I was so f*ing happy to see these words. An alternate title could be When Bad Things Happen To Good People. The denouement has Dilip Kumar stabbing his own eyes out. And up until then it’s nothing but misery, suffering and pain.
I will say that it is a well-crafted film, with superb performances—especially by Dilip Kumar and Ashok Kumar. But for a girl who already worries too much about eight dollar cups of coffee and what the world is coming to it’s unredeemably depressing.
Shyamu and his widowed mother work for Seth Daulatram Rai (Murad). Rai’s daughter Mala has befriended Shyamu, but when she is thrown from her horse while riding with Shyamu, Rai boots him and his mother from the house and their jobs. They wander aimlessly until Shyamu’s mother collapses and dies. Some villagers notice vultures circling overhead and find him sobbing over her body.
He is taken in by a man with a daughter named Champa and a son whose name I never catch. Tormented by grief and missing his beloved Mala, Shyamu goes out into a sandstorm in the night and is blinded by the sand.
When Shyamu (now Dilip Kumar) grows up, he becomes a singer and supports his adopted family. Champa (Nimmi) adores him, I’m not sure why since he doesn’t do much but talk about lost love and the futility of our cruel existence. But she loves him anyway.
Back at Daulatram Rai’s, a grown-up Mala (Nargis) is introduced to her fiance, Dr. Kishore (Ashok Kumar).
It’s love at first sight for Mala and Kishore, as he heads off for a short vacation. In spite of their short acquaintance, he manages to write a lot of love letters to her.
At home, Champa and Shyamu continue their uplifting conversations.
She’s not wrong!
One day Shyamu goes into town to sing for their supper (Naushad’s music, by the way, is pretty—but not much more cheerful than the plot). Kishore is there, and is drawn by the song. He immediately takes Kaviraj (Shyamu’s “good” name) under his wing and arranges for his vision-restoring surgery in the city. Mala arrives to visit Kishore and is equally enchanted with Kaviraj’s talent. But even the prospect of regaining his sight does nothing for his repartee.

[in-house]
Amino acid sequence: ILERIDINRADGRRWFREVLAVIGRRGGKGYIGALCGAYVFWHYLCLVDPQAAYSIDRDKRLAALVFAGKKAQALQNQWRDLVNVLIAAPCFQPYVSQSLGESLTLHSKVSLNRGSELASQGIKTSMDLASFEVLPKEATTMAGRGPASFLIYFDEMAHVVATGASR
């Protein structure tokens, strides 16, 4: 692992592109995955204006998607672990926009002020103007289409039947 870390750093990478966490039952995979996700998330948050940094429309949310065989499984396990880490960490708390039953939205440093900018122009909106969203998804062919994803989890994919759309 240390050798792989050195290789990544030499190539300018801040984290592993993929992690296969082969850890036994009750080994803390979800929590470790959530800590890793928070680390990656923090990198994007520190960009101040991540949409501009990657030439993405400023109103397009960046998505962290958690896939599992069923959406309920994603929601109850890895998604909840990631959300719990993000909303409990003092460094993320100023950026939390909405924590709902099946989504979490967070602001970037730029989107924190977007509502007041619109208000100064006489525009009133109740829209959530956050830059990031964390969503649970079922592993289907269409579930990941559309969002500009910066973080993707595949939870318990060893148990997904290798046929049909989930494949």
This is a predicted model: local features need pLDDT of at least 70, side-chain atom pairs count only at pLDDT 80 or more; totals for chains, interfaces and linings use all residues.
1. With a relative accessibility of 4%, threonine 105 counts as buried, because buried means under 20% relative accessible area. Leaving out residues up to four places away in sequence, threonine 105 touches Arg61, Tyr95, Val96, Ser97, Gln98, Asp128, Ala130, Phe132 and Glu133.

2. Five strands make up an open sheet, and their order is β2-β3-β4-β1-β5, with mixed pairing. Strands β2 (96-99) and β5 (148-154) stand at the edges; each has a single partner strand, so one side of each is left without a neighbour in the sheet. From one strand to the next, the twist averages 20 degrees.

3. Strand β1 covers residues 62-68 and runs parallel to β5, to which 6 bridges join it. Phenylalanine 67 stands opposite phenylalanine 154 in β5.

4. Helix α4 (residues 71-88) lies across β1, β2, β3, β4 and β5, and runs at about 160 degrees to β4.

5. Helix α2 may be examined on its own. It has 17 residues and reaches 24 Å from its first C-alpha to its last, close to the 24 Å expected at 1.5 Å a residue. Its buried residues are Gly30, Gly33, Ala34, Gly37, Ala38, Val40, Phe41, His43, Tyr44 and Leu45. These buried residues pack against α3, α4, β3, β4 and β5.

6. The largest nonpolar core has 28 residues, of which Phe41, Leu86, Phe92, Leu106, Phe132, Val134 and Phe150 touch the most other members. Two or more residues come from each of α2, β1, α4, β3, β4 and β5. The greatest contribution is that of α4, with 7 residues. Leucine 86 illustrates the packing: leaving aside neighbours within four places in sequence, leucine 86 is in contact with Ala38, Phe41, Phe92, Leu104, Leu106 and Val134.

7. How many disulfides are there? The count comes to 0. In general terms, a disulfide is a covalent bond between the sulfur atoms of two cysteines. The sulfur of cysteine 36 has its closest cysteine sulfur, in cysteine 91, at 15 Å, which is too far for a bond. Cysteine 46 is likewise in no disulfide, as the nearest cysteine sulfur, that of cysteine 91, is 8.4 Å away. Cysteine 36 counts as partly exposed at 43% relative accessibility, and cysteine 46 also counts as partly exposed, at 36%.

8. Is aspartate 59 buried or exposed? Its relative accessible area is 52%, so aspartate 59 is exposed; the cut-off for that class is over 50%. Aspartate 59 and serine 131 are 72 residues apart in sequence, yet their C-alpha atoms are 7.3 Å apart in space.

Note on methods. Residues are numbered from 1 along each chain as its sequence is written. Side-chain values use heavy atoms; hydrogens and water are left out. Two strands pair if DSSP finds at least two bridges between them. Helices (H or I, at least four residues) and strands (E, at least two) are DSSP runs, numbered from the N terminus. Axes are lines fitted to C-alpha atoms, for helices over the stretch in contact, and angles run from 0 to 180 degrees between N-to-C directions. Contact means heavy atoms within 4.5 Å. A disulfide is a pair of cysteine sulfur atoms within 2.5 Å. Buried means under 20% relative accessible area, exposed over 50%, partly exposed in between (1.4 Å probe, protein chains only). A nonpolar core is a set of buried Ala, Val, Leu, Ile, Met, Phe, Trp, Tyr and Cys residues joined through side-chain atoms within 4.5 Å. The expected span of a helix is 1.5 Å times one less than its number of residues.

Finally, the day comes when Kishore takes Kaviraj to the city for his operation. Champa and her brother are pleased for their Shyamu—her brother hoping that eyesight will double Shyamu’s income for some reason, although I would think the blindness-pity thing would be more profitable—but Champa is also sad.
It’s certainly true that her brother isn’t too useful. Dr. Kishore and Kaviraj bond over the fact that they are both in love, little knowing that they both love the same girl. True to his word, Kishore restores Kaviraj’s sight.
An ecstatic Kaviraj tells his doctor that now his sight is restored he wants to see his beloved—Mala, Daulatram Rai’s daughter. Kishore is thunderstruck. Kaviraj begs him to take him to see her.
Kishore says he will take Kaviraj to see her, but asks him not to remind her of their childhood, and Kaviraj agrees. Unwitting Mala invites him to stay at her house; she has arranged a gathering so he can sing. Over the next few days (or weeks, it seemed endless) we watch as Kishore becomes ever more tormented, and Kaviraj ever more obsessed with Mala, who remains stubbornly oblivious—even when Kaviraj sings their childhood song to her.
Champa comes to find Kaviraj and he sends her away, telling her that he’s found the person to whom he belongs. She goes home to starve with her brother since their sole source of income has deserted them.
(Is it just me, or does Nimmi have a giant head?)
Kishore is feeling increasingly unworthy since he only loves Mala whereas Kaviraj worships her. He even encourages Kaviraj to keep hoping! I want to shake him. Well, them. All of them. A psychiatrist in this house would have a field day!
Then Mala mentions their upcoming marriage to Kaviraj. He is astounded when she tells him about it—I am astounded that he doesn’t already know. They’ve been spending days together, all three of them. How could it not have come up before, even once?
Kaviraj now is torn between his loyalty to the man who restored his vision, and the woman he has loved since childhood. He gives clueless Mala one more chance to recognize him by asking her to look deep into his eyes.
She fails his test miserably. He is crushed by the realization that she loves Kishore, and doesn’t remember him. He looks into the mirror and blames his sight since his eyes are the doors to his heart or some nonsense like that.
He takes up a sharp object (the picture is too dark to really tell what it is) and as Kishore breaks the door down, he blinds himself.
What will happen next? Can this possibly turn out well? The strange answer is, well, yes. I guess it does.
I am sure that others who are more analytical (and perhaps smarter) could write about the psychological intricacies of the characters and impart some sort of wisdom into the film. I left out some stuff like Kishore slamming his hand in a door on purpose. Deedar may deserve it—as I said, it’s well done. But it’s just too grim for me.